Take Heart: You CAN Celebrate Valentine's Day with Food Allergies

Celebrate Valentine's Day with Food Allergies

Valentine’s Day is almost upon us, which generally means classroom parties and candy. For kids with food allergies, it can also mean danger – and a learning experience. Nicole Smith, FAACT Vice President of Government Relations, found that being a part of the party planning helped to ensure safe foods coming into the classroom. Her son Morgan, FAACT Teen Advisory Council member, shares what worked in his classrooms – and what didn’t.

Morgan: Valentine’s Day has been a very interesting experience, especially with school. Let’s go with what worked first. In third grade, my teacher asked that all the Valentine boxes be put in the hallway so there would be no problems with M&Ms and other candies that were brought in with the Valentine cards. My fourth grade teacher asked that no candy be brought in and said that she would supply safe candy. This definitely worked.

In fifth grade, my teacher asked that no candy be brought in and she would supply none either. She was tired of all the sweets brought into school.

What didn’t work? In second grade, a kid brought in peanut M&Ms with his cards. He knew only a little English, so that was technically a misunderstanding. He brought in his cards early, so my teacher was able to send the candy and the cards home and ask his parents to help him bring in something safe.

In sixth grade, our classrooms didn’t have any parties. Students could sign up for a candy stick to be sent to a “special someone.” I didn’t sign up for one or receive one. By the time seventh and eighth grades hit, parties were replaced by other types of school fundraising events or celebrations like a Valentine Hat Day.

In high school, Valentine's Day isn't an extraordinarily big deal. There aren't any classroom parties either and candy isn't widely distributed through the school. Most of the time, friends just bring in candy to share with everyone. I, of course, abstain from this candy unless it's labeled. Honestly, the incorporation of food really eases out after elementary school and is basically non-existent in high school. Some teachers may offer candy to their students. If that occurs, they have always consulted me before distributing it. If they didn't, I would have just not eaten the candy and kept a watchful eye on the food surrounding me.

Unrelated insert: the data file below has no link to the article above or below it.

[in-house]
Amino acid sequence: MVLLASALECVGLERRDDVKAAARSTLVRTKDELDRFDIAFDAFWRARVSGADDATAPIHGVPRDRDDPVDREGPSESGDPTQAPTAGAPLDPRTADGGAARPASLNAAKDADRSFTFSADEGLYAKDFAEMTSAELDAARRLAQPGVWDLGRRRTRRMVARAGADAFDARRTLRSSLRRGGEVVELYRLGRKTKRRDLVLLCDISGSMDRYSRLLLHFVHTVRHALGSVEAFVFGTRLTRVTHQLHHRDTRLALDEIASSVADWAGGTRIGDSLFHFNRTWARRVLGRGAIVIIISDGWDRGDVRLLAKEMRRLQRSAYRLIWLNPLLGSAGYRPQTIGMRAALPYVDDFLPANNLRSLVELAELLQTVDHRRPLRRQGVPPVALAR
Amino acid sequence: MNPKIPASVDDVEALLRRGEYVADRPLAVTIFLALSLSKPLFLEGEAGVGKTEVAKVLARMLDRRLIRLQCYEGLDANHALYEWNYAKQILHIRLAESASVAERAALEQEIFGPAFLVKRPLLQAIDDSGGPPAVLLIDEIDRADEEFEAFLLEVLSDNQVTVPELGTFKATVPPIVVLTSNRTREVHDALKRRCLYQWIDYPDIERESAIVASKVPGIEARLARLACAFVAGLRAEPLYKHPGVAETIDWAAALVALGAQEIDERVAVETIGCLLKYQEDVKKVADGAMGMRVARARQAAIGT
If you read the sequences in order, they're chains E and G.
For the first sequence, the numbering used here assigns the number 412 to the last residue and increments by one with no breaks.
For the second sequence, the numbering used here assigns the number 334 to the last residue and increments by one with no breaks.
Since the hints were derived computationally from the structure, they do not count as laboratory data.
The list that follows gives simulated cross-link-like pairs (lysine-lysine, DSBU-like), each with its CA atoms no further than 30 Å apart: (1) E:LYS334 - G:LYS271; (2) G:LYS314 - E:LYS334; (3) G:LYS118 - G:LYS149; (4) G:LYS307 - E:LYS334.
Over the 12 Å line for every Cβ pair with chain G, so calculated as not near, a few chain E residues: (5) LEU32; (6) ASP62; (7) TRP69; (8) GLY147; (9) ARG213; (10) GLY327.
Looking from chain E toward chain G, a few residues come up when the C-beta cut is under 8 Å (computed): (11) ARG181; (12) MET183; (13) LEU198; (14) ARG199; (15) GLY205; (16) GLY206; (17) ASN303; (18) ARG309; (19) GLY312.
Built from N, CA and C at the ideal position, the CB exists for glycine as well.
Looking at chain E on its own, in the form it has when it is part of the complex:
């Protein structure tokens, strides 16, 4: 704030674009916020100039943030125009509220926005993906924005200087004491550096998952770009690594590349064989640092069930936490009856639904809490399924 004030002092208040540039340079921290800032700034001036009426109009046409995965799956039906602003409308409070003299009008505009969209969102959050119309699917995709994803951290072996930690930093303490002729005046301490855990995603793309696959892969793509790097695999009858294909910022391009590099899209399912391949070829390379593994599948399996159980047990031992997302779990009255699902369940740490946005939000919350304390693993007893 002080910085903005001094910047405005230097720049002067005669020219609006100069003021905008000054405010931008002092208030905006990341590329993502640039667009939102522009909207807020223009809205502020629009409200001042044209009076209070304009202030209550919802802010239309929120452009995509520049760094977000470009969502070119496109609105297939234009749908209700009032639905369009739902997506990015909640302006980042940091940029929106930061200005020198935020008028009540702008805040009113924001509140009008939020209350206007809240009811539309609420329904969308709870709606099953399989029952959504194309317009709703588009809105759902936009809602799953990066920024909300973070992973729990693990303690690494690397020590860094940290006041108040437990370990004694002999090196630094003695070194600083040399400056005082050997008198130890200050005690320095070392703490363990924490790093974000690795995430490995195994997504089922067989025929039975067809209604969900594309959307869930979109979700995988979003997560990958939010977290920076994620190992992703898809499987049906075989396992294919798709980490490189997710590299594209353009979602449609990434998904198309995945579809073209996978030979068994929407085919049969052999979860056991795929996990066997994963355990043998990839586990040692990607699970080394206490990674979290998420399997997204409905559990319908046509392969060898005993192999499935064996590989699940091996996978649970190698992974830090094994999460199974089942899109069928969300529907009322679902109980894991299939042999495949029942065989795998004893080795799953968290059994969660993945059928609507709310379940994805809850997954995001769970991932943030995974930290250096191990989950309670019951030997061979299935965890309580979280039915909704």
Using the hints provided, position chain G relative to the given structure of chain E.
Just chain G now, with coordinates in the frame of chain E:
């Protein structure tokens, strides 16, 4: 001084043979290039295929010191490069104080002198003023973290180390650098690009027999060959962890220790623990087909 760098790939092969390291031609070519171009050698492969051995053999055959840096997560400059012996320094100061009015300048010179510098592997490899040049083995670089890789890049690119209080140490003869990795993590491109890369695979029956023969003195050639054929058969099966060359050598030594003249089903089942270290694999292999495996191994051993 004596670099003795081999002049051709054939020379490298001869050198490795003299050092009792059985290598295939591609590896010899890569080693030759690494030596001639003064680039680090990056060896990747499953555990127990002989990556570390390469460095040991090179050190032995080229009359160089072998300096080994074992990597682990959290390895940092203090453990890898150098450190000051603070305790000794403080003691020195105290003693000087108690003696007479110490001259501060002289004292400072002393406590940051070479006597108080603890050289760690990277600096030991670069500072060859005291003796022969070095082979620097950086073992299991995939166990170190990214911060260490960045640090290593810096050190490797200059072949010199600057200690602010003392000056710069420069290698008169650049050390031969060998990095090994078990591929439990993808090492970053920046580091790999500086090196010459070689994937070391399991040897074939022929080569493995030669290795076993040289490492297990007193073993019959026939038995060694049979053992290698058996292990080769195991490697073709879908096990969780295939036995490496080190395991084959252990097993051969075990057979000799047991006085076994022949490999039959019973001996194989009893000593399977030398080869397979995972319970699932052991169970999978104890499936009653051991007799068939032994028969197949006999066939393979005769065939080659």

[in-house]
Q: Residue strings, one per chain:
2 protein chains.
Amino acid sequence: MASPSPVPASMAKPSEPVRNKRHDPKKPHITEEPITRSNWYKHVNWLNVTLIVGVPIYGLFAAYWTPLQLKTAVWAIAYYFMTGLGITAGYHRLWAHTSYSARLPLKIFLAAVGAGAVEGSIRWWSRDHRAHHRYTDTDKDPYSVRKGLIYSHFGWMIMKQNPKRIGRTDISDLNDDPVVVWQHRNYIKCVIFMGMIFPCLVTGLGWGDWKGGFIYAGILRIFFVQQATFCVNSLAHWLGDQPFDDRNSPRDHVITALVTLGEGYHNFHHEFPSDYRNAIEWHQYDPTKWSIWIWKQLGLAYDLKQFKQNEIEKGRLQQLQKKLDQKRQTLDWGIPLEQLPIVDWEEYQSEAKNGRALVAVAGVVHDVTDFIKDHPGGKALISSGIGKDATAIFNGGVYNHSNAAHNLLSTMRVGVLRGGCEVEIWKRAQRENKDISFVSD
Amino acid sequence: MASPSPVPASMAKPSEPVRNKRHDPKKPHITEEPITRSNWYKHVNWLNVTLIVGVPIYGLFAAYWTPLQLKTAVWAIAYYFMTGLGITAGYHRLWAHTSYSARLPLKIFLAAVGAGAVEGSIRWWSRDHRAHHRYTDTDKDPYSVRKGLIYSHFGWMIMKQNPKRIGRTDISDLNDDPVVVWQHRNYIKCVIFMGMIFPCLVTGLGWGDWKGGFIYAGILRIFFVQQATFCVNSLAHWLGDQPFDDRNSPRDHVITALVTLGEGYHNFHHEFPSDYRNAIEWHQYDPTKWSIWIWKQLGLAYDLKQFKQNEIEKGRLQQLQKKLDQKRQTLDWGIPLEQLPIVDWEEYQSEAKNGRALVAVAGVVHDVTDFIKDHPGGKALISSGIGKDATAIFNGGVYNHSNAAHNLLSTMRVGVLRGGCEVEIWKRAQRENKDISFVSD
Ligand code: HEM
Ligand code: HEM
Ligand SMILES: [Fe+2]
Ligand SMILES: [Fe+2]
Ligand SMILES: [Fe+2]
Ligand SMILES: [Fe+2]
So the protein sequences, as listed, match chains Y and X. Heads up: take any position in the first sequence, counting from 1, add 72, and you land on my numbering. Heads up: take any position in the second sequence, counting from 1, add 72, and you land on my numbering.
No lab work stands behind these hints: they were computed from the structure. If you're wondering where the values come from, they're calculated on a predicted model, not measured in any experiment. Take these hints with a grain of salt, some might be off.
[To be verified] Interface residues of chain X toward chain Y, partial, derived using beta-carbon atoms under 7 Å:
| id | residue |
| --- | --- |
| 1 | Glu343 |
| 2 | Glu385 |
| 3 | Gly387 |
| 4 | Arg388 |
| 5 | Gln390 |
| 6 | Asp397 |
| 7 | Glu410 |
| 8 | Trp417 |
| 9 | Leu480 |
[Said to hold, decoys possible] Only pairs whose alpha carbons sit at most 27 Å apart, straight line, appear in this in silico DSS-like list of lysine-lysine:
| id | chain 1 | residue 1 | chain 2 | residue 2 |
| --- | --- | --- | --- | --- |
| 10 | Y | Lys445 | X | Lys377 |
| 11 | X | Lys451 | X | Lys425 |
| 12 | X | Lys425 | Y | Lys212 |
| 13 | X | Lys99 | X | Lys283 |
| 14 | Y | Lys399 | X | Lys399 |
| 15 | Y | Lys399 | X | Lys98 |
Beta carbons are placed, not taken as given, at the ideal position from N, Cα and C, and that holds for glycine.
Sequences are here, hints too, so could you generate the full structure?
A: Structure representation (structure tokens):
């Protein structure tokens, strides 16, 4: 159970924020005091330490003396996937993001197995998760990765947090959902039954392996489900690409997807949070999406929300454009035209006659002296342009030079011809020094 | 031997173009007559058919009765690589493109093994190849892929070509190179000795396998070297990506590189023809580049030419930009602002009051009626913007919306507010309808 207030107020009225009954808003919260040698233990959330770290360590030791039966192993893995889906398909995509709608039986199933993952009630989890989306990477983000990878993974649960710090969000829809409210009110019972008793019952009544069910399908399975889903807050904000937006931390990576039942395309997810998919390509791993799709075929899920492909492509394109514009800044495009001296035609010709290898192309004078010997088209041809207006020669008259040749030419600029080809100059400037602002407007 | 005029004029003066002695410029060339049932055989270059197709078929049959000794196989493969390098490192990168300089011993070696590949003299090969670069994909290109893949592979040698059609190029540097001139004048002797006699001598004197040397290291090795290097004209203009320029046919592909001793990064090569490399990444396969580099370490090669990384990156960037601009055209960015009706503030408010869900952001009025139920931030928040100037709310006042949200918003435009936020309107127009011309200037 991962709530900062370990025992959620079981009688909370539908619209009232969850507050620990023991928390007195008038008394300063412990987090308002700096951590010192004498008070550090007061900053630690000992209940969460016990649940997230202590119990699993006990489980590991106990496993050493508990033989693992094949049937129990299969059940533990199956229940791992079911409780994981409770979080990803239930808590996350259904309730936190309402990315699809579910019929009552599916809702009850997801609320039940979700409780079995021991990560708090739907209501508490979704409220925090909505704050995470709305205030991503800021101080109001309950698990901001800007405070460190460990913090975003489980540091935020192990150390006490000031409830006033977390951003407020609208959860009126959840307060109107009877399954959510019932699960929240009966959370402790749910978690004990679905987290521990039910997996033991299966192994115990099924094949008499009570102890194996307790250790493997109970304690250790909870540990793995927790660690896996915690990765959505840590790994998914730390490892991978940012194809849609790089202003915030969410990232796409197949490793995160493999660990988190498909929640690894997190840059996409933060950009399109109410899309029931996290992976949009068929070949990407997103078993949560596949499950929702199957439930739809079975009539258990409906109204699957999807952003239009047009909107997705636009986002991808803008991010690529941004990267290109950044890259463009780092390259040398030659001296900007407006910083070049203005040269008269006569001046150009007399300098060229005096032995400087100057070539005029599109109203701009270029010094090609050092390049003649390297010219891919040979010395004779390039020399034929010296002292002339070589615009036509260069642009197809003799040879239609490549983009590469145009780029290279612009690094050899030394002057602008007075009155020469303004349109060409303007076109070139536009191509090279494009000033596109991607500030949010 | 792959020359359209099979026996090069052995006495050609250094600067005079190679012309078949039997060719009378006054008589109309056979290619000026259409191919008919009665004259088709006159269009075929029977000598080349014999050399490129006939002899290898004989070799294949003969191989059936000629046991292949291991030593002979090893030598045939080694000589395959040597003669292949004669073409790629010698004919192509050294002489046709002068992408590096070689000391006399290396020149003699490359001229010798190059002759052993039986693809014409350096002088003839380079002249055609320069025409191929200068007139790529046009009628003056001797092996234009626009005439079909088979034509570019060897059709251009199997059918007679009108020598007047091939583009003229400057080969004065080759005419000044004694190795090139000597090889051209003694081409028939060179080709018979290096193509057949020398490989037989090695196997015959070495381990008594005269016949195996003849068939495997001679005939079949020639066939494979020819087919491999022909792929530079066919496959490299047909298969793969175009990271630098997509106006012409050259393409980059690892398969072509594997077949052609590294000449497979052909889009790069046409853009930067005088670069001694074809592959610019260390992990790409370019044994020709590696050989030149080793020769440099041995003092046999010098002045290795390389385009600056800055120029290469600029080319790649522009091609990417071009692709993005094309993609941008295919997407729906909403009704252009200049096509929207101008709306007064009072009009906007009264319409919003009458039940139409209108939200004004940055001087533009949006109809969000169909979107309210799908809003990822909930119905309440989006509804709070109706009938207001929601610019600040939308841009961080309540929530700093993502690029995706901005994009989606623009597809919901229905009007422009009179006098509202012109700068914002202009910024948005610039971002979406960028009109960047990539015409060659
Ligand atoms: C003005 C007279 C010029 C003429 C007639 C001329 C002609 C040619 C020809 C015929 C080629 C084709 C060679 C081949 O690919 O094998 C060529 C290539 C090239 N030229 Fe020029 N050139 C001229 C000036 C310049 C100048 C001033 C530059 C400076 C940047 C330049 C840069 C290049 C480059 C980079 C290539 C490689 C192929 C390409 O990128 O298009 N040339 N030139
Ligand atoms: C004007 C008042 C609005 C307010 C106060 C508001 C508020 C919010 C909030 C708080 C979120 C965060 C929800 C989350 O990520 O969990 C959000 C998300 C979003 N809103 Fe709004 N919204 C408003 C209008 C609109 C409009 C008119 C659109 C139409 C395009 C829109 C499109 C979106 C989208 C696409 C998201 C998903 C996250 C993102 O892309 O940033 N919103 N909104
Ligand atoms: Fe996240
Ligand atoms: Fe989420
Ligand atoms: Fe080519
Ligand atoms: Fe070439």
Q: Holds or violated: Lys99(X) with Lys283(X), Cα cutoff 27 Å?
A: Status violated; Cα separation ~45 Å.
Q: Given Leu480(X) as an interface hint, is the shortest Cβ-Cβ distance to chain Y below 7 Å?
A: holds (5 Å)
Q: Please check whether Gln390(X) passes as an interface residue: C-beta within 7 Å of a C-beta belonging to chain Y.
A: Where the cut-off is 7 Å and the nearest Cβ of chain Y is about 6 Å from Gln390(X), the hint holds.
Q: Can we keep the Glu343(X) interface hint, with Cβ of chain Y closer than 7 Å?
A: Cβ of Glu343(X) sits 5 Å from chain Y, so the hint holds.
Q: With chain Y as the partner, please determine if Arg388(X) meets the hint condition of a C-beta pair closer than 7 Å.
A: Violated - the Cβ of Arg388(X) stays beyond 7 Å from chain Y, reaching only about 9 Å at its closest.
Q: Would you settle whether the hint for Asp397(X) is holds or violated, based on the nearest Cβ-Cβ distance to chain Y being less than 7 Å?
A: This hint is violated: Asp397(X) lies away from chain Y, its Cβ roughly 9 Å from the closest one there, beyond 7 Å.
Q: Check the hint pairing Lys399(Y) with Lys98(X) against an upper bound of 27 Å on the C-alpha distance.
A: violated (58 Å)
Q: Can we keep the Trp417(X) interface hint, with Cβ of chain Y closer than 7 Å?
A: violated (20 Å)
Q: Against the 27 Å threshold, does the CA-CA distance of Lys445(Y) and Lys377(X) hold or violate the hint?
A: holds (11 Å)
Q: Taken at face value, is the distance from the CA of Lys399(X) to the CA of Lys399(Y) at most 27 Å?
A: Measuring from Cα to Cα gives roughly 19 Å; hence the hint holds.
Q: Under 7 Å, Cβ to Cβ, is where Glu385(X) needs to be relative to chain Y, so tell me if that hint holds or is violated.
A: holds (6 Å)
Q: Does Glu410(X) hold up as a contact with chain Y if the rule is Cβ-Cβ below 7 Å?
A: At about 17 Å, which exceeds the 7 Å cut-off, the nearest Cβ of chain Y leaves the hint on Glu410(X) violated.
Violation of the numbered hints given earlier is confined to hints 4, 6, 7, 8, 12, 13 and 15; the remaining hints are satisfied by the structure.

Nicole: Isn’t it amazing how many holidays and celebrations involve food? We never realized how much food is a part of the American culture until we had a child with food allergies. With Valentine’s Day, we had to always be mindful of the various ways that our son could come into contact with his allergens.

Many children at our son’s elementary school brought in candy along with Valentine’s Day cards. Yearly, we reminded our son and his teacher to watch for unsafe candy coming into the classroom. It’s always best to prepare for this prior to the event and ensure your child’s teacher knows what to do.

We’ve found that many common candies are not safe for kids allergic to peanut, tree nuts, or milk. Reminding teachers to ask students to bring in safe treats, or none at all, increases awareness of food allergies. One year when my son was in preschool, a parent was asked by the teacher to please bring in safe candies, upon which she commented, “You mean he’s still allergic?” Yes! Every day of the year, he’s still allergic!